Disney Alaska Cruise TomcarThe next day in Ketchikan, we decided to do something a bit crazy. As I said at the outset, I was never really one for getting dirty, which is why finding myself on the way out to the Adventure Kart excursion was so weird. This excursion was absolutely fantastic. Basically, you are taken out by motor coach — off-roading in a bus! — to an old logging road. Once there, you are given raingear (think of what is worn by the deckhands on " Deadliest Catch") and taught how to drive a Tomcar, which is basically an ATV crossed with a go-kart. (They were designed for the Israeli Military.) The Tomcars were automatic (they had three gears — forward, neutral and reverse), but lacked power steering. They turned very well, though. You are then led out onto an old logging road up a mountain to the limits of the Tongass National Forest. If you go in expecting to get muddy and wet, you will have a fantastic time. That's all I am going to say. Just go and do it, you will not regret it. We returned to Ketchikan and extended our time in Alaska briefly by walking around town before boarding the ship for the last time this cruise.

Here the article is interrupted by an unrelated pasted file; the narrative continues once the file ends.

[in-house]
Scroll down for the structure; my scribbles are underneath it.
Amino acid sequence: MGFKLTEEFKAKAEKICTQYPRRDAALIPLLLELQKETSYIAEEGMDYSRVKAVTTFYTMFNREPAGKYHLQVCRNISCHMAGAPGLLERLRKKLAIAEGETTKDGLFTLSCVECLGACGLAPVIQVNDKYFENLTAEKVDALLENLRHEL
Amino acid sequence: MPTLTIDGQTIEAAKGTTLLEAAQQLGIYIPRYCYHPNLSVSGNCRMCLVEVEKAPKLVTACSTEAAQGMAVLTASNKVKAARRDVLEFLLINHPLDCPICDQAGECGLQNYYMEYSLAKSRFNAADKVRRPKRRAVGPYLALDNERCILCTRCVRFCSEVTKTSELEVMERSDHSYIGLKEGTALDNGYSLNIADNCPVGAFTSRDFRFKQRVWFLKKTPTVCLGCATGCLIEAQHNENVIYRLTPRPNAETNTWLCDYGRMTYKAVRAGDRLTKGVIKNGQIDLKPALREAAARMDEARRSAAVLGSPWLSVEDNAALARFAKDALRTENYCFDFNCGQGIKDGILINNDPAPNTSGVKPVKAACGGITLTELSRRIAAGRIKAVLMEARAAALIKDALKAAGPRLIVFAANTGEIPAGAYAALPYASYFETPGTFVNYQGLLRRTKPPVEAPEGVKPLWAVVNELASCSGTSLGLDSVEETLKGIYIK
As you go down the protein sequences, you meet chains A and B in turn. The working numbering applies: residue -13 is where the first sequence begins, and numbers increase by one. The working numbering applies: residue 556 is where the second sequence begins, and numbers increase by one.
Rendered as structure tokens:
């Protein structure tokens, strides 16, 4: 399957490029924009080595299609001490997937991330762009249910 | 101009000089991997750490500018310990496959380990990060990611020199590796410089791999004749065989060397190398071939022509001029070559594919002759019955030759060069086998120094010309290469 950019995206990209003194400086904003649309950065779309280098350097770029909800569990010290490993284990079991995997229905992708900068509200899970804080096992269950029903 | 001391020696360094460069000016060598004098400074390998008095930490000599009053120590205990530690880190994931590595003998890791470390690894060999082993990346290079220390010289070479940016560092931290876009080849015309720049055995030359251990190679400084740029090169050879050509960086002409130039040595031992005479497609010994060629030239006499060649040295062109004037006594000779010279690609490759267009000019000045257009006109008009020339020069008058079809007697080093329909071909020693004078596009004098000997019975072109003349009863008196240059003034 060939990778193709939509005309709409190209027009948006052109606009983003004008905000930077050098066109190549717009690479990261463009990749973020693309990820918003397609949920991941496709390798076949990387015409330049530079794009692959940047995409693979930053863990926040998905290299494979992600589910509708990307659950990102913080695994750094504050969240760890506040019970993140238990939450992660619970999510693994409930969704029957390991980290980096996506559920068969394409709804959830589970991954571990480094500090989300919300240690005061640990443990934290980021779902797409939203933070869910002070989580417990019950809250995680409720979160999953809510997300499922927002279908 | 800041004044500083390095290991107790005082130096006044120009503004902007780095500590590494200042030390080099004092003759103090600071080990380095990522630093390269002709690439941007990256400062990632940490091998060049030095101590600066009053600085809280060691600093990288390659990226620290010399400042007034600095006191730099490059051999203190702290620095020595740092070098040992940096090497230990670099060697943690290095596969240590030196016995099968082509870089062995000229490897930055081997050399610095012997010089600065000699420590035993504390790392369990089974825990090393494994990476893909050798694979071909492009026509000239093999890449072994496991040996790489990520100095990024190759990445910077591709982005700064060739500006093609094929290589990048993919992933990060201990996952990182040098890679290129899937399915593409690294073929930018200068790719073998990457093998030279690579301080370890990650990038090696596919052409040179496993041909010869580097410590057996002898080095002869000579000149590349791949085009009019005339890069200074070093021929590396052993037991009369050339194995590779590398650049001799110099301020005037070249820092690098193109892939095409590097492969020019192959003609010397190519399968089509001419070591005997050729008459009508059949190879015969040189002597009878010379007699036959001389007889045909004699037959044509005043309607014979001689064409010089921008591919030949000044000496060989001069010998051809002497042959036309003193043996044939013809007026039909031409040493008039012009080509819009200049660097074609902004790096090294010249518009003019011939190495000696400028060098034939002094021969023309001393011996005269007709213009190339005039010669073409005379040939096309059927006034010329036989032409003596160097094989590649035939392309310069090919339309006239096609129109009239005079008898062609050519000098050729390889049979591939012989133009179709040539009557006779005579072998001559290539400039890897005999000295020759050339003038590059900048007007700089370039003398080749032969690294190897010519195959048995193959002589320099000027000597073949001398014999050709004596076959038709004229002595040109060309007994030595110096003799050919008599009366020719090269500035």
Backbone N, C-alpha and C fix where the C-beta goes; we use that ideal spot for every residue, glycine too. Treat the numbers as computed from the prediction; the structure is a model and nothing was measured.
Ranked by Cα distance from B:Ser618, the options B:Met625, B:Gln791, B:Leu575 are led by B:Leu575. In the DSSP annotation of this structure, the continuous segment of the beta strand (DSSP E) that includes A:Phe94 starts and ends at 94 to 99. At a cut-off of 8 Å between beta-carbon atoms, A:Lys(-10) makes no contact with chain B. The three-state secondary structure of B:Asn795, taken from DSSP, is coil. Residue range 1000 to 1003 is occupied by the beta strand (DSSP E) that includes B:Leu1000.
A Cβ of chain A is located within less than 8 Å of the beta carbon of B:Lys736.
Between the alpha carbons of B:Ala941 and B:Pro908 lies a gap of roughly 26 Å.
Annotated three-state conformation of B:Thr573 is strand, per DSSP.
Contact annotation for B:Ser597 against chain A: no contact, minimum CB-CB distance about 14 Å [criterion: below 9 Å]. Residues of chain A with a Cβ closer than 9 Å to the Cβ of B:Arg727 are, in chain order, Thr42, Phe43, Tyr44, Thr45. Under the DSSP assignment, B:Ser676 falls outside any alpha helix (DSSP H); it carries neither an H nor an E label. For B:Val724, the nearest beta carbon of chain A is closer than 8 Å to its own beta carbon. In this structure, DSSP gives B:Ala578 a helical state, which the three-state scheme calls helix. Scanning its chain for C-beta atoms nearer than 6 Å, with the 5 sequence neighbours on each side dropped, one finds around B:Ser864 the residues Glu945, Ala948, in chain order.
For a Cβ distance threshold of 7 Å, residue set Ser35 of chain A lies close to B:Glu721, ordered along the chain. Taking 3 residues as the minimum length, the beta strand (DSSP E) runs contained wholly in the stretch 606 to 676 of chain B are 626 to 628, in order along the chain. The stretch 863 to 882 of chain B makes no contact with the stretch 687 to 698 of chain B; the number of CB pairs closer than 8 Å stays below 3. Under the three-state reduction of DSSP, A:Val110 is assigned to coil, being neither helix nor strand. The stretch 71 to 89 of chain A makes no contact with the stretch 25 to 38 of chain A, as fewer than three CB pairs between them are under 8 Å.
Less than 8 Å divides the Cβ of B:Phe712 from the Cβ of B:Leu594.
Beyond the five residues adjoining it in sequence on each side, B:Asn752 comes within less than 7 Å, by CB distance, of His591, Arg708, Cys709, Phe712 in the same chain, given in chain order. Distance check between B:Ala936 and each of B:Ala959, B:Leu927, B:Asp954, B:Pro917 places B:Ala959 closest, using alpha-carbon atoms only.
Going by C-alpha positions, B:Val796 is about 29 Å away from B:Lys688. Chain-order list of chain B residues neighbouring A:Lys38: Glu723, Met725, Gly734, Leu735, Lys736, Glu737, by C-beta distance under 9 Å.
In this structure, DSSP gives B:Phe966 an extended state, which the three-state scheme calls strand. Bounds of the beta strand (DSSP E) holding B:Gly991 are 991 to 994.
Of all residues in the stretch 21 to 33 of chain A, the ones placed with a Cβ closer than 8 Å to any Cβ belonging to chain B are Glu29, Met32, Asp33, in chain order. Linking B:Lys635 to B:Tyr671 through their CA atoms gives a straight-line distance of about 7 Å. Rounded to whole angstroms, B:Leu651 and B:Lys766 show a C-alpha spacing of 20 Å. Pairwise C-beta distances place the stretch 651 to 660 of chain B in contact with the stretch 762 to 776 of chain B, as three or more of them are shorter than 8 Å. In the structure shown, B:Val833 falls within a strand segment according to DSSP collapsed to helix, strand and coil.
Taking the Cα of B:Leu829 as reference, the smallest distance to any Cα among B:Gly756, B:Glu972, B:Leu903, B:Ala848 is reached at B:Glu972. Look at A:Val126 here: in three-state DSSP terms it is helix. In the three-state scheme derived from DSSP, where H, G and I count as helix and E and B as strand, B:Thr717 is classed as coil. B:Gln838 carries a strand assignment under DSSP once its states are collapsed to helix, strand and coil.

On Monday, June 16, we arrived back into Vancouver and made our way home via Vancouver Airport (which, I should mention, is the nicest airport I have ever been in, by a long shot).